5. A sad tale. '79s are nearing the end of their days. First growths still good, but when you go down the ladder a bit, they are fading. I would open it soon and have a backup bottle. I have enjoyed a lot of wines from the vintage, but they were always on the lighter side.'81s not dissimilar.
  6. From the period between, it could be '62, '64, '66, and most of all '61. Once you know you're in Bordeaux, of course. But sure, a '68 would be a different beast. '59s have a richness without the harder tannin of '61. But you have to be sure it isn't '55. I have seen the trick done often enough, and have even done it myself on occasion. You have to have tried enough of the wines. It helped to have started a while ago when they were cheaper. You don't always get the vintage on the first guess--I have guessed '59 when the real answer was '55, but that was my second guess.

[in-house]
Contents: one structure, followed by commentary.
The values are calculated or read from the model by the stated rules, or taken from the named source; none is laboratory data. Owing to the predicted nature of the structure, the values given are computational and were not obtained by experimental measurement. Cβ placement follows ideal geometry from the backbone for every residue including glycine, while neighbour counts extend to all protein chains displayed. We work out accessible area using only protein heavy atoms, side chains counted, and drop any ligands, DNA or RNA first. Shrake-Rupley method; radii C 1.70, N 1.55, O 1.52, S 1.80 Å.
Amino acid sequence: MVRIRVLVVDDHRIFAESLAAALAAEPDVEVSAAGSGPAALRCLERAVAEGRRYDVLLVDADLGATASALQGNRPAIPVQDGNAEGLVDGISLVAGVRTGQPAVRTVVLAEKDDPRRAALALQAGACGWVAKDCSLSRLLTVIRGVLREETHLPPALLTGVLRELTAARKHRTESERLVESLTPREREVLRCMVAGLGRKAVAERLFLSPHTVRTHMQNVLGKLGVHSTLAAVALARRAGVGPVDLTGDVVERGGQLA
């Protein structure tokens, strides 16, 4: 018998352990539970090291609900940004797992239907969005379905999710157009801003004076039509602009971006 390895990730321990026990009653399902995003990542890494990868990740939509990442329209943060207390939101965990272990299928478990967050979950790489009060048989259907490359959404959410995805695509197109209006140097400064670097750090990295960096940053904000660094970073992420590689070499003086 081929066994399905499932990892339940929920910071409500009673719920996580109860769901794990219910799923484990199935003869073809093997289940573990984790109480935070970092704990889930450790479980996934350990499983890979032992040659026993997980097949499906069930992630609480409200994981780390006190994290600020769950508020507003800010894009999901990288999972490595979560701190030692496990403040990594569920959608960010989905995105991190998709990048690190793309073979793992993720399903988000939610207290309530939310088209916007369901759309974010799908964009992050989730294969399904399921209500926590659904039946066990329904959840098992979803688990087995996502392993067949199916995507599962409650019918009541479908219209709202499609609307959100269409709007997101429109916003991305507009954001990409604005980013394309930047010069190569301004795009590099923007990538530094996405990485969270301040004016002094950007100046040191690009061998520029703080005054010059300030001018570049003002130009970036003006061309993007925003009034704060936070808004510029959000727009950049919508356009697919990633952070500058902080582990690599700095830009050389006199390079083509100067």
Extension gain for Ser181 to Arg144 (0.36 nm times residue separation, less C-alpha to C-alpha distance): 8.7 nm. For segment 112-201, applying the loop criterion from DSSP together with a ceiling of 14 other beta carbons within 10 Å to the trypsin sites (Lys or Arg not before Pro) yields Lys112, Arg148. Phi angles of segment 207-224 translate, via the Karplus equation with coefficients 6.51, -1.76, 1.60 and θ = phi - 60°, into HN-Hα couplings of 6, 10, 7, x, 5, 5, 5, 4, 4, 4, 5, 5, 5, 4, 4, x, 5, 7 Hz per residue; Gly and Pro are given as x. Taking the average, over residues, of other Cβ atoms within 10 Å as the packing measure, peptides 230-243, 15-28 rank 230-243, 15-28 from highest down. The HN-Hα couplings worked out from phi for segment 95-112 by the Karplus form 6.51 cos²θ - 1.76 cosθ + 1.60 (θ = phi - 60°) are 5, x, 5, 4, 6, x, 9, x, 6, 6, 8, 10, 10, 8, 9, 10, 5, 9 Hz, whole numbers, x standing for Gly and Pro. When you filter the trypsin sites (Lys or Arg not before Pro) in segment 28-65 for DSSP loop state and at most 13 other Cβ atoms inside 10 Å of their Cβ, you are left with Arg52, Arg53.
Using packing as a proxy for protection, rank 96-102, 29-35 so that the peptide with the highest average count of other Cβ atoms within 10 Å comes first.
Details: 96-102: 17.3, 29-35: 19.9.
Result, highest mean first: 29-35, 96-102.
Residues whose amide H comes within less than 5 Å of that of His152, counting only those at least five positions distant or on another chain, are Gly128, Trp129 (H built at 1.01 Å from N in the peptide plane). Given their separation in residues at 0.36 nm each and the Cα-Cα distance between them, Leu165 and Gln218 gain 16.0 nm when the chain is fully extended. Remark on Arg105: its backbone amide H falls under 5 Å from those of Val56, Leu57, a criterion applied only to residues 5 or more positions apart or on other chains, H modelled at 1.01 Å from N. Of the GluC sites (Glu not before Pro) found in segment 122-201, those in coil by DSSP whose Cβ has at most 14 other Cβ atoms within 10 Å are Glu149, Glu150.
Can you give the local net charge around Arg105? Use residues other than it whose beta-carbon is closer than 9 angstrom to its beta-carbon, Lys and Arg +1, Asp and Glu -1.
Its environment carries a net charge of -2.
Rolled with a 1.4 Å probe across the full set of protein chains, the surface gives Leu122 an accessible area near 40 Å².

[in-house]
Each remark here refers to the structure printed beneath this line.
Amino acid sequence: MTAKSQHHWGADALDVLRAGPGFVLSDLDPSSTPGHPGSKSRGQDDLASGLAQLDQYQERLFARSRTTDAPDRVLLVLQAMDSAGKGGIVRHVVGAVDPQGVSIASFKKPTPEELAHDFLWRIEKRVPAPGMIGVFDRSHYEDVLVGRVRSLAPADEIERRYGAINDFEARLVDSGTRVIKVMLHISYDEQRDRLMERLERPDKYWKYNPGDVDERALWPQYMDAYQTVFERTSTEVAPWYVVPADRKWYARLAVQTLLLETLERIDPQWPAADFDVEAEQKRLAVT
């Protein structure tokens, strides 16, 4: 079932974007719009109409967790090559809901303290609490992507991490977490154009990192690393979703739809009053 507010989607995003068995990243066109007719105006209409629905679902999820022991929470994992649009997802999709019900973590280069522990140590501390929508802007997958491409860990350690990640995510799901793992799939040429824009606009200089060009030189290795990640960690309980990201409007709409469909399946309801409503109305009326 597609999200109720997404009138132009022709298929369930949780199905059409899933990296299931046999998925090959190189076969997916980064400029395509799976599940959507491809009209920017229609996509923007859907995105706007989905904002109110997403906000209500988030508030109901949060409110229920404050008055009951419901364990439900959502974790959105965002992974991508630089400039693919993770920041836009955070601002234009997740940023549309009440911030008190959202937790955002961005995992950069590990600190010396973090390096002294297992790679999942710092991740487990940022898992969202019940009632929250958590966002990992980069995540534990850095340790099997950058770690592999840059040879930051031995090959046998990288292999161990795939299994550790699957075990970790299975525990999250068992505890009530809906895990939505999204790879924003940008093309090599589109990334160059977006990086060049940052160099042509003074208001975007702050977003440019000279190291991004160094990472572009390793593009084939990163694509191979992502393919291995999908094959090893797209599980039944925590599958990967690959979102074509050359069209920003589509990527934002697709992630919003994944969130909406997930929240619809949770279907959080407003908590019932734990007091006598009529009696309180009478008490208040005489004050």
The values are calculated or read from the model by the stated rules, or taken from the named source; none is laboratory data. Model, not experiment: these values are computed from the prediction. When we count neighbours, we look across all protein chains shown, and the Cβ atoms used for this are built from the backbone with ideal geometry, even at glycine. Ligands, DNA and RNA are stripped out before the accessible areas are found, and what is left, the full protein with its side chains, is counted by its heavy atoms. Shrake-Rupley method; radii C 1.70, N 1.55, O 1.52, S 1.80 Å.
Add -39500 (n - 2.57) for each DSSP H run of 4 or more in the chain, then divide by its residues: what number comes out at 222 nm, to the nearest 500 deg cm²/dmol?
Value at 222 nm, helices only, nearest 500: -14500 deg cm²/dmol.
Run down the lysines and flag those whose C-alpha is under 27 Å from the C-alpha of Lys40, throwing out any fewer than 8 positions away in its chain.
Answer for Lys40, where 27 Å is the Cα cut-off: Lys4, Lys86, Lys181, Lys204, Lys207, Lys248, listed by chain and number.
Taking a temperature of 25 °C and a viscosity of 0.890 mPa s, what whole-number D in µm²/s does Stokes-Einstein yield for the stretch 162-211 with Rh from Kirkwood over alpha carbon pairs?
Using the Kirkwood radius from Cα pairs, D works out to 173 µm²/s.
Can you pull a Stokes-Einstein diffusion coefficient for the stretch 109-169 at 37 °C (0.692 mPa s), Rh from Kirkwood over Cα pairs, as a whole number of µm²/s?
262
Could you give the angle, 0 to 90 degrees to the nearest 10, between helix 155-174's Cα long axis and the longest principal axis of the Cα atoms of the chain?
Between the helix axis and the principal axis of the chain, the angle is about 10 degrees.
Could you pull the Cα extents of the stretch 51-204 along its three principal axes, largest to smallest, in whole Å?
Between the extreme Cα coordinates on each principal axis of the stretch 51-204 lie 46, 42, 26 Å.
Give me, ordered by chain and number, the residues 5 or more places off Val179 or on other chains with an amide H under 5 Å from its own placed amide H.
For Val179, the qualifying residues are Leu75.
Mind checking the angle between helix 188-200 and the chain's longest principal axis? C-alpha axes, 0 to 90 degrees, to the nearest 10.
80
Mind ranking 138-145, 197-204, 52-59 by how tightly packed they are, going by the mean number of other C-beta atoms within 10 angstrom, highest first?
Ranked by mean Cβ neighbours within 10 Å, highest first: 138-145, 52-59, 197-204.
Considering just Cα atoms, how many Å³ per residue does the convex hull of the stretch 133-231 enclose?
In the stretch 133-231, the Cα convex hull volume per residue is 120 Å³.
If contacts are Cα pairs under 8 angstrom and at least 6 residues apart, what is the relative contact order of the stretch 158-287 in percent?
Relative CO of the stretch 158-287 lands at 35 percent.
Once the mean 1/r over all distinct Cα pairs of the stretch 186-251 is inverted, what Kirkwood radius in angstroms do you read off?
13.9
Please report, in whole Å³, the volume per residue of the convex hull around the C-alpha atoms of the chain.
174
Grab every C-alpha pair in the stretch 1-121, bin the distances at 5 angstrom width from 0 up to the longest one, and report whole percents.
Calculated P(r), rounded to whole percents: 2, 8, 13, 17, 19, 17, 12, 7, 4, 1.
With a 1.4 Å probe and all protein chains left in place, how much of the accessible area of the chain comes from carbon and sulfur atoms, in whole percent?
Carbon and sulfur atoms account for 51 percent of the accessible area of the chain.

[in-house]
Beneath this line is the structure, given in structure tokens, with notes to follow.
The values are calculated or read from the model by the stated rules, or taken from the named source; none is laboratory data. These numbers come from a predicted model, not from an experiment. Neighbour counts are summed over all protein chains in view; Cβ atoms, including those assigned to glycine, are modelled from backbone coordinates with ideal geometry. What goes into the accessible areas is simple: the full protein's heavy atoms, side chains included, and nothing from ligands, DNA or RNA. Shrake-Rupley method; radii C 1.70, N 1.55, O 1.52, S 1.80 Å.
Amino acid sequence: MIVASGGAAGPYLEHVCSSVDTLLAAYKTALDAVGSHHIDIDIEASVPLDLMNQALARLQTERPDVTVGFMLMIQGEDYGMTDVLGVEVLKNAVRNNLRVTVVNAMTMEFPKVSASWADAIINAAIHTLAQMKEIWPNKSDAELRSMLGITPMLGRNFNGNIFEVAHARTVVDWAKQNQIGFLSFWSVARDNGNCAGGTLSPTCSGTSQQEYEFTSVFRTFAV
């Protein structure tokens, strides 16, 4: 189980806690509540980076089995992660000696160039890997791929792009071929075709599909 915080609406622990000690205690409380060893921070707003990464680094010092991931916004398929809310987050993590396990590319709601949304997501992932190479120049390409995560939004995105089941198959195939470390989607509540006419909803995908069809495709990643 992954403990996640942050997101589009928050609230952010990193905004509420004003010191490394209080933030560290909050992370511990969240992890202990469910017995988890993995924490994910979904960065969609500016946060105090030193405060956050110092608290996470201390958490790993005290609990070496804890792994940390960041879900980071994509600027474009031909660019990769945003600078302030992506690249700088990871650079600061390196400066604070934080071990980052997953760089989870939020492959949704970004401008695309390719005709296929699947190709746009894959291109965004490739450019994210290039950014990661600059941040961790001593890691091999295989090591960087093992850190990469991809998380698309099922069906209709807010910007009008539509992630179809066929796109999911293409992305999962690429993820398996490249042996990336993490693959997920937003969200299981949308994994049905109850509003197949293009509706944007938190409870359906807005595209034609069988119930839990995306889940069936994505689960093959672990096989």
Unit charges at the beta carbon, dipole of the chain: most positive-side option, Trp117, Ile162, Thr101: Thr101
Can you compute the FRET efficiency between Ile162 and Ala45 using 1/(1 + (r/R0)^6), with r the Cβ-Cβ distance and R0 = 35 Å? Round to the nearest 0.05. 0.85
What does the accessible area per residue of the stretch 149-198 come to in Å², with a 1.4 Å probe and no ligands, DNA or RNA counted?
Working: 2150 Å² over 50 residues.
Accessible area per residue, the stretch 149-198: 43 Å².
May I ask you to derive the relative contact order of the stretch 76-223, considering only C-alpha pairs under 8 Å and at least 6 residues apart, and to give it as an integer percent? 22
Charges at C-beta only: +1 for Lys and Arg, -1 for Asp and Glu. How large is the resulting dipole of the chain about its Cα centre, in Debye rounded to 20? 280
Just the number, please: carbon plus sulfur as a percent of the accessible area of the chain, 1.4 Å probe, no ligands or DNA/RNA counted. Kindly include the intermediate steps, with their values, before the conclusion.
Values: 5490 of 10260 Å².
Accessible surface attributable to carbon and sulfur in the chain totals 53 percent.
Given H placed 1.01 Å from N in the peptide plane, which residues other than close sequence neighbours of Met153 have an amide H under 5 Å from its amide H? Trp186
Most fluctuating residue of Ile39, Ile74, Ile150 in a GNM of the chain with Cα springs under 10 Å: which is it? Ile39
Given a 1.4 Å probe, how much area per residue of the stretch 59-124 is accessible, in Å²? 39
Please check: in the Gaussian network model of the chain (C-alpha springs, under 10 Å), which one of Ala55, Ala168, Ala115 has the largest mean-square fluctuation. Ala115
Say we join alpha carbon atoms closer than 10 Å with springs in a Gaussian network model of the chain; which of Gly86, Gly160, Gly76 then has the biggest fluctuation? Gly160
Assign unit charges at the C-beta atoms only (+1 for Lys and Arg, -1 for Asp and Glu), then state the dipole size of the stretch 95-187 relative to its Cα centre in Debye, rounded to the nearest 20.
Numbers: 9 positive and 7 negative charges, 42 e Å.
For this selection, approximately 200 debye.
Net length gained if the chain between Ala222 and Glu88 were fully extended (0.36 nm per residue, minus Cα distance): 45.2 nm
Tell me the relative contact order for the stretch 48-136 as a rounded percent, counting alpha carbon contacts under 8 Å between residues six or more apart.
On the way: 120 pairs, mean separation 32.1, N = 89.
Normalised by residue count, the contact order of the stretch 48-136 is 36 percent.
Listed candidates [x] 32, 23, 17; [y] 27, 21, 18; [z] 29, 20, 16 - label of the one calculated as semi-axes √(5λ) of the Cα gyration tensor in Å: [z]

7. '70 Beychevelle should be great, and has been, in the last 2 years for me. The '59 was spectacular.
  8. And St. John's is a pretty cool port, I'm really glad to have gotten here for a couple of days. When else do you get to see actual Ediacarian fossils?
  9. The urge to flee would have to be large, from a professional POV. OTOH, we did not have to go far to find some nice chanterelles. I have never really experienced a forest as dense as the spruces and firs in Avalon. It is even worse than pygmy forest in coastal California. I wonder if there are missing megafauna that used to browse it to a different state?
  10. Had some very tasty cod cheeks in NYC a week ago, BTW, from the Lobster Pot. I have not been "screeched in."
  11. A much better choice would be Bacalao. Wish this had been a dinner destination, but it worked out for lunch. Tasty cods' tongues, great bacalao fritters, and the most useful wine list in the city for me. Somehow much cheaper, but also much better chosen than anywhere else. Also an honorable mention for Cinched. Didn't arrive in time for dinner, but apparently Chef is proud of his charcuterie, and when two hungry travelers arrived asking for it after they had started cleaning the kitchen, he was kind enough to do a plate ("anything for people who want charcuterie"). Next trip would be Bacalao and Cinched, with Raymond's if someone else was buying. Did not get to the Reluctant Chef, though it seemed interesting.